Saving for College {a sponsored post}



Are you a parent, like me, who thinks and wonders how you'll be able to pay for college when the time comes?  I don't know about your household, but in ours, further education of some sort is a non-negotiable.  There are just too few opportunities to succeed these days without some sort of degree or extended education program.  Having a college degree is now a mainstream thing; most job offers won't even look at or consider you if you don't have one.

I want the world to be wide open to my boys.  When I applied to go to college, I was a woman on a mission.  I had been told from a young age that I was TOO DUMB for college, despite good grades all through school.  True story.  Apparently my parents had so little faith in my ability to succeed in college that they denied me their tax information come time to apply for financial aid.  Do you know what that meant?  Instead of getting a FREE RIDE because my parents were so poor, I had to take out student loans to pay for college, on top of having several jobs.
I'm still paying for my parents cruelty. I did, however, graduate Magna Cum Laude. So there is that. :)

I want the opposite for my boys.  I want them to run forward into their futures with their only worry to be WHERE to go to college (Virginia Tech, of course).  The how-to-pay is on my shoulders as a parent (along with Doug).

Since this is something I have thought about since the day Moses was born over six years ago, I was excited to be approached by T. Rowe Price to look over their savings options for just this purpose.

After becoming more familiar with what they have to offer, I'm excited to get started, to start SOMEWHERE (because honestly, isn't the thought of saving thousands of dollars completely daunting?!).

I breathed a sigh of relief when I learned that you could start with as little as $50 a month.  I can do that.  I could even do that PER child.  Not only that, but anyone can contribute... aunts, uncles, grandparents.  What do they need with another toy when that money could go towards their education instead and provide a lasting gift?

Some other aspects I liked included tax-free benefits, nationwide choices in colleges (if for some crazy reason they don't choose Virginia Tech) and you can get the account fee waved if you sign up for an automatic payment plan (because I honestly don't need another thing to remember anyway).

And just in case they get a full scholarship somewhere, the money can also be used for things like books and housing and other fees.

They offer a very user-friendly, down-to-earth plan to help parents like us get started.  I like that I can read what they are talking about and understand it.  Plain and simple.

Take a look and see for yourself; maybe you need someplace to start like me.

The T. Rowe Price College Savings Plan is offered by the Education Trust of Alaska. You should compare this Plan with any 529 college savings plan offered by your home state or your beneficiary's home state and consider, before investing, any state tax or other benefits that are only available for investments in the home state's plan. Please read the Plan's Disclosure Document which includes investment objectives, risks, fees, charges and expenses, and other information. Earnings on a distribution not used for qualified expenses may be subject to income taxes and a 10% federal penalty. State tax laws and treatment may vary.You should read the Plan Disclosure Document carefully before investing. For other important legal information, please read the Plan's Privacy Policy. T. Rowe Price Investment Services, Inc., Distributor/Underwriter.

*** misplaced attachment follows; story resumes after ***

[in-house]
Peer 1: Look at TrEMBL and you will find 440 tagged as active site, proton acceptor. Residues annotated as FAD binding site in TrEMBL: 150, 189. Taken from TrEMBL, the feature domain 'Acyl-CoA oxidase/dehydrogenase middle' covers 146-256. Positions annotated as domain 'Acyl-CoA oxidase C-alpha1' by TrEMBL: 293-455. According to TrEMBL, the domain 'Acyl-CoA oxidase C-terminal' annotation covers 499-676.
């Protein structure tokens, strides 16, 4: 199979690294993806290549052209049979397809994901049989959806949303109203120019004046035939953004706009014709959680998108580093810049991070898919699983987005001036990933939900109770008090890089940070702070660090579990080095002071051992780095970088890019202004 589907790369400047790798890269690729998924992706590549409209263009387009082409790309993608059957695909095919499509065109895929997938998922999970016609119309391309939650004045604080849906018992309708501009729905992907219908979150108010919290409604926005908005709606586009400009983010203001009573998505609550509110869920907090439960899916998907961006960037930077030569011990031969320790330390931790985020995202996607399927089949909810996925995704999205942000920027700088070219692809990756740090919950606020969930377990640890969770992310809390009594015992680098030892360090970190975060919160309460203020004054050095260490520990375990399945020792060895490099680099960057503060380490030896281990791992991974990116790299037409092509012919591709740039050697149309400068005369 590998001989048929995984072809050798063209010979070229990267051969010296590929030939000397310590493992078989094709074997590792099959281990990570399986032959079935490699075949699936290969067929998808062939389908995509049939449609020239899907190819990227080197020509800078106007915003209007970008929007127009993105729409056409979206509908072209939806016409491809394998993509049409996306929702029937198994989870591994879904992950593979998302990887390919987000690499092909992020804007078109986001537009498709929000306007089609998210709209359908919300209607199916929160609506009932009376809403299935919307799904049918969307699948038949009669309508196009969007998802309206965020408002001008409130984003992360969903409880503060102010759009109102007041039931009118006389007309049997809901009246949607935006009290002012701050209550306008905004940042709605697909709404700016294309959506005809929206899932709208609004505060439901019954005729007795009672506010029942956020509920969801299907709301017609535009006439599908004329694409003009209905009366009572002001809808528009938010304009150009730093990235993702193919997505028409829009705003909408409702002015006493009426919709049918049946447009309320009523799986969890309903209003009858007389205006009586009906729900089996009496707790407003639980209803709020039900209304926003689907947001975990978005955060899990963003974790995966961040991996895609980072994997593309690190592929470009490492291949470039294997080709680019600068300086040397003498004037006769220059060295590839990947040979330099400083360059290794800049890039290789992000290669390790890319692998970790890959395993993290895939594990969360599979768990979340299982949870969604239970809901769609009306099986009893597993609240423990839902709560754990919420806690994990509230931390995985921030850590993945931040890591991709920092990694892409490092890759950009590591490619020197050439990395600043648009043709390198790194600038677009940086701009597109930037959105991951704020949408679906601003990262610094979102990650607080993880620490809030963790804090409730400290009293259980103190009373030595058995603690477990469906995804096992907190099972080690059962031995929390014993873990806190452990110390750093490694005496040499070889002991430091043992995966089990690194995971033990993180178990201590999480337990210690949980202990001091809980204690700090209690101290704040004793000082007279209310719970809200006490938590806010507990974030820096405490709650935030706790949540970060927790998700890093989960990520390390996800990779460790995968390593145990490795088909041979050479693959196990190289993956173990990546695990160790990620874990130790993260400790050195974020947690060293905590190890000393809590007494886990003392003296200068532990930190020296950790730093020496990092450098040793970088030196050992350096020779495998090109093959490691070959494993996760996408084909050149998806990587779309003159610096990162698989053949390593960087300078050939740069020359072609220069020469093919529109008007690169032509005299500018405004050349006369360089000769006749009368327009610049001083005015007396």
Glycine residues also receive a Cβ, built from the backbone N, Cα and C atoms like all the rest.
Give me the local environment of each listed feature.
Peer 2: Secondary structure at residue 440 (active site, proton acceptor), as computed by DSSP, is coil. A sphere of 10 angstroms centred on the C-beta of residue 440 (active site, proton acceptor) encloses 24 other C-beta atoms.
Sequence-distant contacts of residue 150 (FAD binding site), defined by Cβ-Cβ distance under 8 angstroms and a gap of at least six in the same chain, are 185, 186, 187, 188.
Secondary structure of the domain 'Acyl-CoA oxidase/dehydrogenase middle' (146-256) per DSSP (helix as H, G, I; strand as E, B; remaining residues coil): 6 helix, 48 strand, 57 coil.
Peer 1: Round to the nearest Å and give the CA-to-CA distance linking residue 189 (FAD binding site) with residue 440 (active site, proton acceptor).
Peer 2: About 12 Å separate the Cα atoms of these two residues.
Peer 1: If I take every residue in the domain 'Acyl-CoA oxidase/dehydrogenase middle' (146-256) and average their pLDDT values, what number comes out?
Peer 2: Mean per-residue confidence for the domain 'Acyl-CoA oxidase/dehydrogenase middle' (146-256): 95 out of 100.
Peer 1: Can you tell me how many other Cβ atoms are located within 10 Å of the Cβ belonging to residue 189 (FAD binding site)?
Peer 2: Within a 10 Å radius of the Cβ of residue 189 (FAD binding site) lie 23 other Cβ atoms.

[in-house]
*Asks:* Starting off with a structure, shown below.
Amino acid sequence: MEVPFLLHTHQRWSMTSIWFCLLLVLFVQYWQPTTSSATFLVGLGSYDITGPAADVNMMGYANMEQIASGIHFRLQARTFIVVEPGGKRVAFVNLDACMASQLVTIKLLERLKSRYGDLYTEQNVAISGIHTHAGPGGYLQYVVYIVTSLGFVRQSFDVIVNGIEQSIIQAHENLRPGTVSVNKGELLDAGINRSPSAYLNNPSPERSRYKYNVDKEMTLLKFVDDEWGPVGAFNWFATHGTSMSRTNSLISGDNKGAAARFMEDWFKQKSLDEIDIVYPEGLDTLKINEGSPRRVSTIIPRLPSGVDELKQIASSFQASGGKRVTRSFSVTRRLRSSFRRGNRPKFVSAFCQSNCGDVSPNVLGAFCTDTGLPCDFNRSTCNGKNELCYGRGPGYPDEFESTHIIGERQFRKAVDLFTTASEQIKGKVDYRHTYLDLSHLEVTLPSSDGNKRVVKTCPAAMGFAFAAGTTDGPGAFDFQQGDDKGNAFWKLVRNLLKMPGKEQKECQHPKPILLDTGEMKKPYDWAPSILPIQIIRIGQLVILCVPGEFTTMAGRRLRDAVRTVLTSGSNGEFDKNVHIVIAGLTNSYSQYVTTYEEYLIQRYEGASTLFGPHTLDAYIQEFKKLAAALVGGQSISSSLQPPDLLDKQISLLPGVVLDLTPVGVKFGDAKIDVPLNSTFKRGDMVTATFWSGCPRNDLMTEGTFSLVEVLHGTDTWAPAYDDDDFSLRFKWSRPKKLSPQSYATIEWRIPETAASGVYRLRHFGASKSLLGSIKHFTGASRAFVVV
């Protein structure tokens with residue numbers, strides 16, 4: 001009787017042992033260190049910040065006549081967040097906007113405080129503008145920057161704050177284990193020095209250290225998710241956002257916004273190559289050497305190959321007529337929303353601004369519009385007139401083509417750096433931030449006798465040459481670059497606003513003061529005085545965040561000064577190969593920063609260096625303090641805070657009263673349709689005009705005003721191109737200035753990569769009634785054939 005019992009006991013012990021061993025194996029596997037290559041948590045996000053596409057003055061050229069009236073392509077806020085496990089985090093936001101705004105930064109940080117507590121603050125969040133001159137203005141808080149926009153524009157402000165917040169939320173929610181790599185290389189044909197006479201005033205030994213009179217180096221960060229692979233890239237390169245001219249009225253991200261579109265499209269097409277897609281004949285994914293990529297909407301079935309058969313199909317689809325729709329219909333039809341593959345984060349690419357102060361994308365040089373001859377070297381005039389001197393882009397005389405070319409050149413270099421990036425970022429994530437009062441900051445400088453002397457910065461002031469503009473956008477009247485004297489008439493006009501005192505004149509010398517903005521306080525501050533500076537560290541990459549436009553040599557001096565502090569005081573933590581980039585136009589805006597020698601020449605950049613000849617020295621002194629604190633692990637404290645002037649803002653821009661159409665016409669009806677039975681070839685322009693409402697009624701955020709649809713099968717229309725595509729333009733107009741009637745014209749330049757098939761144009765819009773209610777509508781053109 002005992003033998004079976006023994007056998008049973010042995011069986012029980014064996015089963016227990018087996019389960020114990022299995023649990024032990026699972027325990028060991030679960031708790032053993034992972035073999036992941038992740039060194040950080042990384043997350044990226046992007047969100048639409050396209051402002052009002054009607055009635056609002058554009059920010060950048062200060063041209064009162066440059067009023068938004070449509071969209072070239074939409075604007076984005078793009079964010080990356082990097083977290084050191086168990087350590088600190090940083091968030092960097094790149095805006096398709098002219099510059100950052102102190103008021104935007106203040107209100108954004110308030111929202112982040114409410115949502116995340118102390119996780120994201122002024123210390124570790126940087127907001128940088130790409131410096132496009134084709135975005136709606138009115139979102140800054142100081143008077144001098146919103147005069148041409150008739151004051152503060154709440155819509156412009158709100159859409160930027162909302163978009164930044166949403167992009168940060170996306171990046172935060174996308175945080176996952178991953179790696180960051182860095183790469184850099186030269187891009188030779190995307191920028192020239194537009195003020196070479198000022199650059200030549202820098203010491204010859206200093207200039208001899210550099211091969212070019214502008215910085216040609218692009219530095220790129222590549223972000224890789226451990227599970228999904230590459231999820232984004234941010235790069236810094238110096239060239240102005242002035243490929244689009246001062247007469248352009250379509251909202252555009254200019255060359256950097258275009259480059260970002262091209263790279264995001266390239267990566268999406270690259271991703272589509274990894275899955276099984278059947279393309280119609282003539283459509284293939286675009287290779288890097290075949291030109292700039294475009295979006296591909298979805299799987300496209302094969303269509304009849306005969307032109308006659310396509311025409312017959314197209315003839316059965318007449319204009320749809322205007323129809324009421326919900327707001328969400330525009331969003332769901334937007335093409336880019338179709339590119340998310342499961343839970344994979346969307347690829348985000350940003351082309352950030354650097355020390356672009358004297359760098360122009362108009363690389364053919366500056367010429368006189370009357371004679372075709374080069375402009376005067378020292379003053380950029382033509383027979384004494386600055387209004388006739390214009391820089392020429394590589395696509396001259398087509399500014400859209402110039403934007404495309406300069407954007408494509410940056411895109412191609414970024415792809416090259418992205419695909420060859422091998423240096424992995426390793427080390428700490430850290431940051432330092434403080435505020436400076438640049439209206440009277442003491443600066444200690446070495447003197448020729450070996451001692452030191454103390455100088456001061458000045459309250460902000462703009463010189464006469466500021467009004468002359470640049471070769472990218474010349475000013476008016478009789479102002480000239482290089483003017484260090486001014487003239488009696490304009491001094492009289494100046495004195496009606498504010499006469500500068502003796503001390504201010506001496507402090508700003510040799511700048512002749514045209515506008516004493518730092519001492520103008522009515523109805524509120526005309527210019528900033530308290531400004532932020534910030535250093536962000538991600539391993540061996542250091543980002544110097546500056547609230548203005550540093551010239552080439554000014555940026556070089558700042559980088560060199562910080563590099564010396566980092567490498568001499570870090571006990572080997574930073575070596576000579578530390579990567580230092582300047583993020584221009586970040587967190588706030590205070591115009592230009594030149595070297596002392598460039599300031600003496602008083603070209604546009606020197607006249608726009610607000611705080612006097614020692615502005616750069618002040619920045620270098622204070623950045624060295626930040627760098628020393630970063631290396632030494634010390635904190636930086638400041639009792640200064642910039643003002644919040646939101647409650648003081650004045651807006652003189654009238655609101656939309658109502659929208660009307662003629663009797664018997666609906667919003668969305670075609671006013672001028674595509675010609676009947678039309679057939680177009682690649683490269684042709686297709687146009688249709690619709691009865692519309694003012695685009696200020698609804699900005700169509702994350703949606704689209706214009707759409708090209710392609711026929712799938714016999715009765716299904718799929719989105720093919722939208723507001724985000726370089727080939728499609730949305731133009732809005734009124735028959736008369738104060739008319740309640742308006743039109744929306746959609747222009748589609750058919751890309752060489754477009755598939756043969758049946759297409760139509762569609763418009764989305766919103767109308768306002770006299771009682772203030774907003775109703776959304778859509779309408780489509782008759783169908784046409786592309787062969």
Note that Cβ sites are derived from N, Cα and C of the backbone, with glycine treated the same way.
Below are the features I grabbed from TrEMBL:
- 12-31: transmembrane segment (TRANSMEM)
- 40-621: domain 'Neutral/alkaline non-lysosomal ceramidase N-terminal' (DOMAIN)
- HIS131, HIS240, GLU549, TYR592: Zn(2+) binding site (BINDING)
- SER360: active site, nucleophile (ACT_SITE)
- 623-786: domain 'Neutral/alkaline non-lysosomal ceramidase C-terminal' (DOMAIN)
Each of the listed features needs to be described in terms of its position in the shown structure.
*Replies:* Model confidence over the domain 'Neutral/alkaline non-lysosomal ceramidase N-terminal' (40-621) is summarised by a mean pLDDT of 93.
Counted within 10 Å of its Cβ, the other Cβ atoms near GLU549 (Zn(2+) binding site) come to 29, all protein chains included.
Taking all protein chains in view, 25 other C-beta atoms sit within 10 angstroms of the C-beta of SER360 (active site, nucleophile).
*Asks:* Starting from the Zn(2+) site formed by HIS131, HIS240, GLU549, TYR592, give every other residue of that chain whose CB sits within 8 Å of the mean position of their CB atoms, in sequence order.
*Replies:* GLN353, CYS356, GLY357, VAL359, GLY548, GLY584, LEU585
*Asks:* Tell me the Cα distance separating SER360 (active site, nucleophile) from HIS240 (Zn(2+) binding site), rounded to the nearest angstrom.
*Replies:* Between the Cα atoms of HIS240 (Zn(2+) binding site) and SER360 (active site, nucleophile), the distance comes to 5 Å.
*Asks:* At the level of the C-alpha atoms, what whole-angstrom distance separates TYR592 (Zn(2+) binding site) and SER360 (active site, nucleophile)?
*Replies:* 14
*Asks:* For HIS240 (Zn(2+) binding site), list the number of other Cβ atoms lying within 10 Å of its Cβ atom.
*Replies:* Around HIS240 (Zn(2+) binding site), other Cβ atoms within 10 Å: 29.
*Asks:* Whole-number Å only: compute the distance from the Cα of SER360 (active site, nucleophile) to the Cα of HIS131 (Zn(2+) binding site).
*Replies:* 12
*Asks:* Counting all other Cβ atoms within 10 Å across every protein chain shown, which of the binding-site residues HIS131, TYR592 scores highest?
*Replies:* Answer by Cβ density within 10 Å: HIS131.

Visit the T. Rowe Price College Savings Plan site to learn how to get started.
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2 comments:

Jeanette said...

Our children were always told when you go to college, not if you go to college. Our daughter paid for her college while working at a local pet store. Our son took out student loans. Both got a half year paid for by grandparents. They both lived at home to make it cheaper. I find if you hand your children the money for college they just don't work has hard. I was also told I was to dumb for college so I never went. I was a very proud mother when my son graduated from The Ohio State this December. Enjoy those boys they grow up way to fast.

Tanna said...

I totally agree that it is a parents responsibility to provide the opportunity to their child to further their education. Force them, no. Should a parent put themselves in "red" to pay for it, no. Should a parent plan as you are doing? Oh, *&!?@ yeah! Doing so not only benefits the child, but the parents as well. No stress for them or you at the time of graduation! My parents made us put money we had save from 4-H projects at age 12 into a mutual fund. They matched it. When we turned 18 they took their money plus the interest it had made (yes they made money on this deal) out and what was left was ours to go to college with. Pay living expenses, tuition, books, night on the town etc. I married young and even used my $ to pay my husbands tuition. He wasn't as lucky as me. You are my hero for planning ahead and starting the process now, such a simple thing! My hubby and I had jobs and were able to put a 10K down payment on a house after college because of my parents planning. Like I said win, win. They still helped us out with things like, meat in the freezer, home canned veggies and fruits.

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